PHILADELPHIA — President Joe Biden will give a prime-time speech Thursday from outside Independence Hall, warning about threats to democracy, as he makes a swing of appearances to boost Democrats with roughly two months until the midterm election.
Biden will speak about “how the core values of this nation — our standing in the world, our democracy — are at stake,” according to the White House. He will talk about “the progress we have made as a nation to protect our democracy, but how our rights and freedoms are still under attack. And he will make clear who is fighting for those rights, fighting for those freedoms, and fighting for our democracy.”
The address comes a week after Biden sharply rebuked MAGA-aligned Republicans, calling the Make America Great Again movement “semi-fascism” and out of touch with most Americans’ political beliefs. The president spoke Thursday in Maryland while stumping for Democrats ahead of the midterms, which could determine whether Democrats hang onto control of Congress and how much of Biden’s agenda advances.
The remarks will also come as Biden faces negative approval ratings — though ones that have ticked upward in the wake of recent legislative victories — and as the economy remains a significant pain point for voters.
While the White House statement didn’t mention specifics, Biden has made no secret that he sees former President Donald Trump as a threat to the country’s foundations. Elevating Trump could also help draw attention to his divisive predecessor ahead of the election homestretch, as Trump continues dominating the news in a way that few former presidents can, most recently after an FBI raid found classified documents at his Mar-a-Lago resort home in Florida.
Biden’s speech Thursday will be part of a busy stretch of campaigning ahead of Labor Day, which traditionally marks peak political season. Biden is also due to speak in Wilkes-Barre on Tuesday — the same region Trump will visit Saturday — and Biden is heading to Pittsburgh for its Labor Day parade, making it three Pennsylvania visits in seven days for the president.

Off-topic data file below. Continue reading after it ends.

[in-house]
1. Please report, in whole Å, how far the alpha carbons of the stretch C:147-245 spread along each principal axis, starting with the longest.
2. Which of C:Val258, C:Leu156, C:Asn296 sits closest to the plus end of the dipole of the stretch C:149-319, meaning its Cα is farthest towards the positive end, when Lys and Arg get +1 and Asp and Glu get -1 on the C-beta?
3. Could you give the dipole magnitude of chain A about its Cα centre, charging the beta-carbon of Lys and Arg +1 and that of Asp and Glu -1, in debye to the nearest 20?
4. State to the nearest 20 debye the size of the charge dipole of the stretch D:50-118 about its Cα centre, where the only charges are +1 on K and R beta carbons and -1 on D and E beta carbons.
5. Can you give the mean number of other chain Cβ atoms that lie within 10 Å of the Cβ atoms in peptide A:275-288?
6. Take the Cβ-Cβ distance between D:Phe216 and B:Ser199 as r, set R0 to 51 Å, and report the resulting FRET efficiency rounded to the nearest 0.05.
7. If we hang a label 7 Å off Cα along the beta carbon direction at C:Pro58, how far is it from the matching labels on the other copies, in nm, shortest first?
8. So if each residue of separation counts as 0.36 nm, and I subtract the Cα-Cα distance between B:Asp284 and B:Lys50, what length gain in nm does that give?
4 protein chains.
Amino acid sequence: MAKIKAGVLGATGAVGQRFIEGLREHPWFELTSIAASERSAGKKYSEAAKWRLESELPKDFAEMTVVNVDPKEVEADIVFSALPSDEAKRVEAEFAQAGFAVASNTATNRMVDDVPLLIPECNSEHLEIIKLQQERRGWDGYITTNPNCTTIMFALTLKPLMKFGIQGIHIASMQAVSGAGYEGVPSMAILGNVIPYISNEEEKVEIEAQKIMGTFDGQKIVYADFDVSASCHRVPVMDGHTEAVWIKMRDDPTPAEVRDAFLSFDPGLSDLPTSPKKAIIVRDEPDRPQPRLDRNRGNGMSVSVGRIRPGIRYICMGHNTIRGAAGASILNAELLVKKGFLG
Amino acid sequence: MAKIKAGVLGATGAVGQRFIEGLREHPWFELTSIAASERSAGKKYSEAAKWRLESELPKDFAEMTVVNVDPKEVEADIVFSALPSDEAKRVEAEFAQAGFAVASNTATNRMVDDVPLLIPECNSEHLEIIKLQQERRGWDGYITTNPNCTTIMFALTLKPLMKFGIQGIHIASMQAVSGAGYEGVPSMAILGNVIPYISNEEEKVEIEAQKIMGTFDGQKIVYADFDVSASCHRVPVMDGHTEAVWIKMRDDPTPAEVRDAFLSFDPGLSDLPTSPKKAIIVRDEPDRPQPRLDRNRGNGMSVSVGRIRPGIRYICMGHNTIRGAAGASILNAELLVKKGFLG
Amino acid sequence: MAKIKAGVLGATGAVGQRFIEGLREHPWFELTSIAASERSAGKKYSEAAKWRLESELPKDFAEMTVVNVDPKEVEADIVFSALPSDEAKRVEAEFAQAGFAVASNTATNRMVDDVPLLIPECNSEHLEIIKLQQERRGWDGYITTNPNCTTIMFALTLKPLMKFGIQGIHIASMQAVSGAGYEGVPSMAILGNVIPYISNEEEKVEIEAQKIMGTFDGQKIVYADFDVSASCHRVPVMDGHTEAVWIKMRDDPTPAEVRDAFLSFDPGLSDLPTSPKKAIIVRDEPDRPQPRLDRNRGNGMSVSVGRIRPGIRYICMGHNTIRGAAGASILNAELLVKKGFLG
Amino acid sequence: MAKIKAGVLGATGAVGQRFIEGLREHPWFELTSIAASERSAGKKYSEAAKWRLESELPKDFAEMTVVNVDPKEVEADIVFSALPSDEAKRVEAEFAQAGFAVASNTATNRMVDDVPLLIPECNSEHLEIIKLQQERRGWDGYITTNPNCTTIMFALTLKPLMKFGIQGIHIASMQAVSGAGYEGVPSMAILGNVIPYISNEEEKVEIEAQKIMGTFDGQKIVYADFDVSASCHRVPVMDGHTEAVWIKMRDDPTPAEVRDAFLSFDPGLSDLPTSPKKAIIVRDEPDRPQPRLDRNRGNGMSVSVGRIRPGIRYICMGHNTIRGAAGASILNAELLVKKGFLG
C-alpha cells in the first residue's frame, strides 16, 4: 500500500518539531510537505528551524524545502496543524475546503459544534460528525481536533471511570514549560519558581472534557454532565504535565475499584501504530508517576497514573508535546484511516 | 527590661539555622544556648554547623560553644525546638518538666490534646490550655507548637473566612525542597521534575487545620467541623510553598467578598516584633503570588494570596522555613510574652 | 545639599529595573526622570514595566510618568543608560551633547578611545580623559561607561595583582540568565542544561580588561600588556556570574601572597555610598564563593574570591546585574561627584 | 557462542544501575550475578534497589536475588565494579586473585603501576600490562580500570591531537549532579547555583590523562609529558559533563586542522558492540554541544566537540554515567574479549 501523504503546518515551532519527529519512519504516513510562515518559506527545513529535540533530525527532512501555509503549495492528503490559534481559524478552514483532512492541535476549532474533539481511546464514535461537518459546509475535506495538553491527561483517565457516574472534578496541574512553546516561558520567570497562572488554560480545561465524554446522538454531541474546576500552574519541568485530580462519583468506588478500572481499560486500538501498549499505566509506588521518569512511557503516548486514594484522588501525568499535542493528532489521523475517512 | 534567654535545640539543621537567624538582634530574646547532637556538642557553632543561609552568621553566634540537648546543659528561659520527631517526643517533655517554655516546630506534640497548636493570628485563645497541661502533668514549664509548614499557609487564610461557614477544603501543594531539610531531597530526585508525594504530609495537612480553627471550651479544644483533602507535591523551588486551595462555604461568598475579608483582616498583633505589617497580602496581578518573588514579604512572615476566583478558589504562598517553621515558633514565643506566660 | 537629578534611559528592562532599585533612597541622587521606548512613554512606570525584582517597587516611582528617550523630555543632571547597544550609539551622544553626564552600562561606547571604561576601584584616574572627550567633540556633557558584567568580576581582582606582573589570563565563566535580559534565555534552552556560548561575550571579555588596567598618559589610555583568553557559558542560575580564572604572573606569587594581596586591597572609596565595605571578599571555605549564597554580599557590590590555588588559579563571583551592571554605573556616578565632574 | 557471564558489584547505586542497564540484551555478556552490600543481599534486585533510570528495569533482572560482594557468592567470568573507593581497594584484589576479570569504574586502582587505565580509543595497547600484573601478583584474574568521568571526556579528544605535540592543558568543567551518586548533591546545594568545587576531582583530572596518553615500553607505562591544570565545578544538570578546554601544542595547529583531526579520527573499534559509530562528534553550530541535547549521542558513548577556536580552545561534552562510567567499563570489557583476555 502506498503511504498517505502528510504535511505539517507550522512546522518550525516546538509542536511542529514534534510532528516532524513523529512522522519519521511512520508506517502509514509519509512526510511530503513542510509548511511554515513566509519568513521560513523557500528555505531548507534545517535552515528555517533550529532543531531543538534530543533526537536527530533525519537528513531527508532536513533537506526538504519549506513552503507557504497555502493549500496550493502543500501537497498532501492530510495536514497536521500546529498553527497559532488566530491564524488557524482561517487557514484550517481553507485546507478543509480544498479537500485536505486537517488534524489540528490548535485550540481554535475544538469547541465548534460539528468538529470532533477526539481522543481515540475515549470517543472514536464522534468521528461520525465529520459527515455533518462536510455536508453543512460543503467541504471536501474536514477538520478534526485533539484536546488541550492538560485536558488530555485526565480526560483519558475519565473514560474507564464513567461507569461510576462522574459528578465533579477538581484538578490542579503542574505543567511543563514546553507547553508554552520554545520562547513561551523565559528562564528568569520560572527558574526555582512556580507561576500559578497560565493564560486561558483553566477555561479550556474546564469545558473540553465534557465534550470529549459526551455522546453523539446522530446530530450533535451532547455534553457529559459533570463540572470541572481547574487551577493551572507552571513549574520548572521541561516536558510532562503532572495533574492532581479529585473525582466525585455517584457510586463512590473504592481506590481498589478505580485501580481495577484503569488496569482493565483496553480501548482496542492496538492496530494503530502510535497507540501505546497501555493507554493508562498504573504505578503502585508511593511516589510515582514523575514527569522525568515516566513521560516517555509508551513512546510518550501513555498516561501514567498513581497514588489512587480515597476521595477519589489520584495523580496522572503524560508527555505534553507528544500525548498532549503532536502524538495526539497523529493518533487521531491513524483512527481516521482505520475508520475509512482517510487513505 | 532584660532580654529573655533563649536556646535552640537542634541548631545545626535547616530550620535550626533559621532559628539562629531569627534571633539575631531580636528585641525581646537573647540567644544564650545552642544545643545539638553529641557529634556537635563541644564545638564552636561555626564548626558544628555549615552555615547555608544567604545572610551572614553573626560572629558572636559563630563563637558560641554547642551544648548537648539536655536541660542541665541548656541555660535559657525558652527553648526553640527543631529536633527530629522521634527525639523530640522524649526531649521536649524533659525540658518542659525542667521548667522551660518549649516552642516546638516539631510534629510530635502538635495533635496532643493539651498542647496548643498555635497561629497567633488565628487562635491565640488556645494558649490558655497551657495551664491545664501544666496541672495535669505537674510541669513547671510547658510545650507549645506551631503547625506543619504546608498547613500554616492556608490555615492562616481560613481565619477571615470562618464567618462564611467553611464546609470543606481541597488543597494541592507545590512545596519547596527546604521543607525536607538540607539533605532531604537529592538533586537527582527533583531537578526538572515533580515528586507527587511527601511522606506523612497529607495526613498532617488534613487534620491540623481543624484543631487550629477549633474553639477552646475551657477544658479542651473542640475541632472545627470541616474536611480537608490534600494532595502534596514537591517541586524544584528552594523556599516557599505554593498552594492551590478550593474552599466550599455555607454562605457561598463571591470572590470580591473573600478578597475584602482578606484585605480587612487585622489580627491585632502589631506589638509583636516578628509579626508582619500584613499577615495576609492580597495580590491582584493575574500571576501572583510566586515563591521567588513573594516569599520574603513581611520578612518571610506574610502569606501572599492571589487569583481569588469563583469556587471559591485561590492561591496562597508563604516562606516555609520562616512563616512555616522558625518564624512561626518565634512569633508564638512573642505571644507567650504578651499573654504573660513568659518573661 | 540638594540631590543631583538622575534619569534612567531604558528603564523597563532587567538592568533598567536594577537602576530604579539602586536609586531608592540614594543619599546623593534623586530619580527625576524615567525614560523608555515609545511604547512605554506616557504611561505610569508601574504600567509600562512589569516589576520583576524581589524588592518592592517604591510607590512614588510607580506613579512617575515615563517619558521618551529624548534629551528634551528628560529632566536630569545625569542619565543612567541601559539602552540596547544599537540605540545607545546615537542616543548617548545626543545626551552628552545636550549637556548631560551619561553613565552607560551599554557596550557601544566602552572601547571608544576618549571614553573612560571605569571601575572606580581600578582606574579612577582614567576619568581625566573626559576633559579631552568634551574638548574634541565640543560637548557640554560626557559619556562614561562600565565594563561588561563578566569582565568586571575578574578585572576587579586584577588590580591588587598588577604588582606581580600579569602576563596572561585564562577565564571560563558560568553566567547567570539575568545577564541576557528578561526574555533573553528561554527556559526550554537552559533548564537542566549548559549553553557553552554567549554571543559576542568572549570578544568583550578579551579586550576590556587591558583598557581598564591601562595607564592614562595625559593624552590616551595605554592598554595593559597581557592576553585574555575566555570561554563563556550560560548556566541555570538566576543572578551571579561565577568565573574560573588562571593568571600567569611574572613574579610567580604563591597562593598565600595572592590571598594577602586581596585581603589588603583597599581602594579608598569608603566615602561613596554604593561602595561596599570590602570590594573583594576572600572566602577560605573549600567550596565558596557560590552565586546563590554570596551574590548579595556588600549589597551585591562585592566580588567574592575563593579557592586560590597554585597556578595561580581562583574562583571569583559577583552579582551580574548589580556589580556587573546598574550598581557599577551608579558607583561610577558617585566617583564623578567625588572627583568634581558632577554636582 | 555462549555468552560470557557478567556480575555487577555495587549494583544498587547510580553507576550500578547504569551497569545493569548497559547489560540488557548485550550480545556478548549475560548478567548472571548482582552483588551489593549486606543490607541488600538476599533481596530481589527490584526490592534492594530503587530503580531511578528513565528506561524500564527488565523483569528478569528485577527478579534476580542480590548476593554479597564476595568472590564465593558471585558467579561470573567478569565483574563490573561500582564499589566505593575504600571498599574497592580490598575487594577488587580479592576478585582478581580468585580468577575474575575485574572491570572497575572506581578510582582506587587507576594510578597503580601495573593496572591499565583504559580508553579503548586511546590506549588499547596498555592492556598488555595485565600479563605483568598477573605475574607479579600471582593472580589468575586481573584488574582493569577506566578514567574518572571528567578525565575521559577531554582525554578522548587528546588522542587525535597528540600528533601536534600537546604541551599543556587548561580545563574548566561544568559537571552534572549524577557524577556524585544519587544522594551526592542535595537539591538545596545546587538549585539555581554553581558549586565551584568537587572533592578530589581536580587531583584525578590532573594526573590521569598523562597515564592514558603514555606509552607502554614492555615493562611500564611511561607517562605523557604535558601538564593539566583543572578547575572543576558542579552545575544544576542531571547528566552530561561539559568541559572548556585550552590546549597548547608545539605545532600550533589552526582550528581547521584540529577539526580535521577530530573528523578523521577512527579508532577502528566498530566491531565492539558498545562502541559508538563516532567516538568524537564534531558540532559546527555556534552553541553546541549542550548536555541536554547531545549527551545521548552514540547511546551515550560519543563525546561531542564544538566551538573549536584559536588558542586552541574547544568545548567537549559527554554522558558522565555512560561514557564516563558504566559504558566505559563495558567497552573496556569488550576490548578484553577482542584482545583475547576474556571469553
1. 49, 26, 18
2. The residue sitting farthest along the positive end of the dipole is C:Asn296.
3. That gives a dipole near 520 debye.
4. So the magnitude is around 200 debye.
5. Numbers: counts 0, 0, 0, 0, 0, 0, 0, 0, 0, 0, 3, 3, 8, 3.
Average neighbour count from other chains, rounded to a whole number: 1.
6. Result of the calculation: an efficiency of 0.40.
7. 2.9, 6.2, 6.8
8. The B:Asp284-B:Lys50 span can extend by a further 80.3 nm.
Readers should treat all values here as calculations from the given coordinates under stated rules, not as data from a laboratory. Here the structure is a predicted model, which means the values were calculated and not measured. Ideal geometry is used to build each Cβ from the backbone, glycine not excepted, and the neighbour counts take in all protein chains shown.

The state is home to some of the country’s most crucial elections for governor, Senate and U.S. House, with the fate of Biden’s agenda potentially hinging on the congressional races, and critical laws on abortion and voting at stake in state level contests.
And the races this year will set the stage for 2024, when Pennsylvania will again be a crucial presidential battleground.
A labor-friendly and deeply-blue city – registered Democrats outnumber Republicans 7 to 1 – Philadelphia has long attracted Democratic presidents or aspirants.
John F. Kennedy landed Air Force Two on Independence Mall in 1962 to celebrate July Fourth and promote his foreign policy agenda to a packed crowd; Lyndon B. Johnson campaigned on Temple University’s campus in 1964. In 2008, then-Sen. Barack Obama delivered his signature “More Perfect Union” speech at the National Constitution Center, addressing racial inequality and resentment in the United States — an address frequently credited with saving his embattled primary campaign.
Biden himself has frequently come to Philadelphia in the past to make big speeches, both on the campaign trail and as president. In July 2021, he gave a speech on voting rights from the National Constitution Center, saying Americans were “facing the most significant test of our democracy since the Civil War.” More recently, Biden also spoke in June at a labor convention.
He based his 2020 campaign headquarters in Philadelphia.
Biden will spend Tuesday in Wilkes-Barre, talking about his plan to reduce gun violence. The visit to the Martz Center at Wilkes University was rescheduled from July, when Biden got COVID-19.
Trump will be in Wilkes-Barre on Saturday for a rally with his slate of Pennsylvania endorsed candidates, including gubernatorial candidate state Sen. Doug Mastriano and GOP Senate nominee Mehmet Oz.
The Northeastern part of the state, home to Biden’s childhood hometown, Scranton, is a battleground that in recent years swung hard toward the GOP, but where Democrats hope they can improve their showings.
Inquirer news researcher Ryan W. Briggs contributed to this story.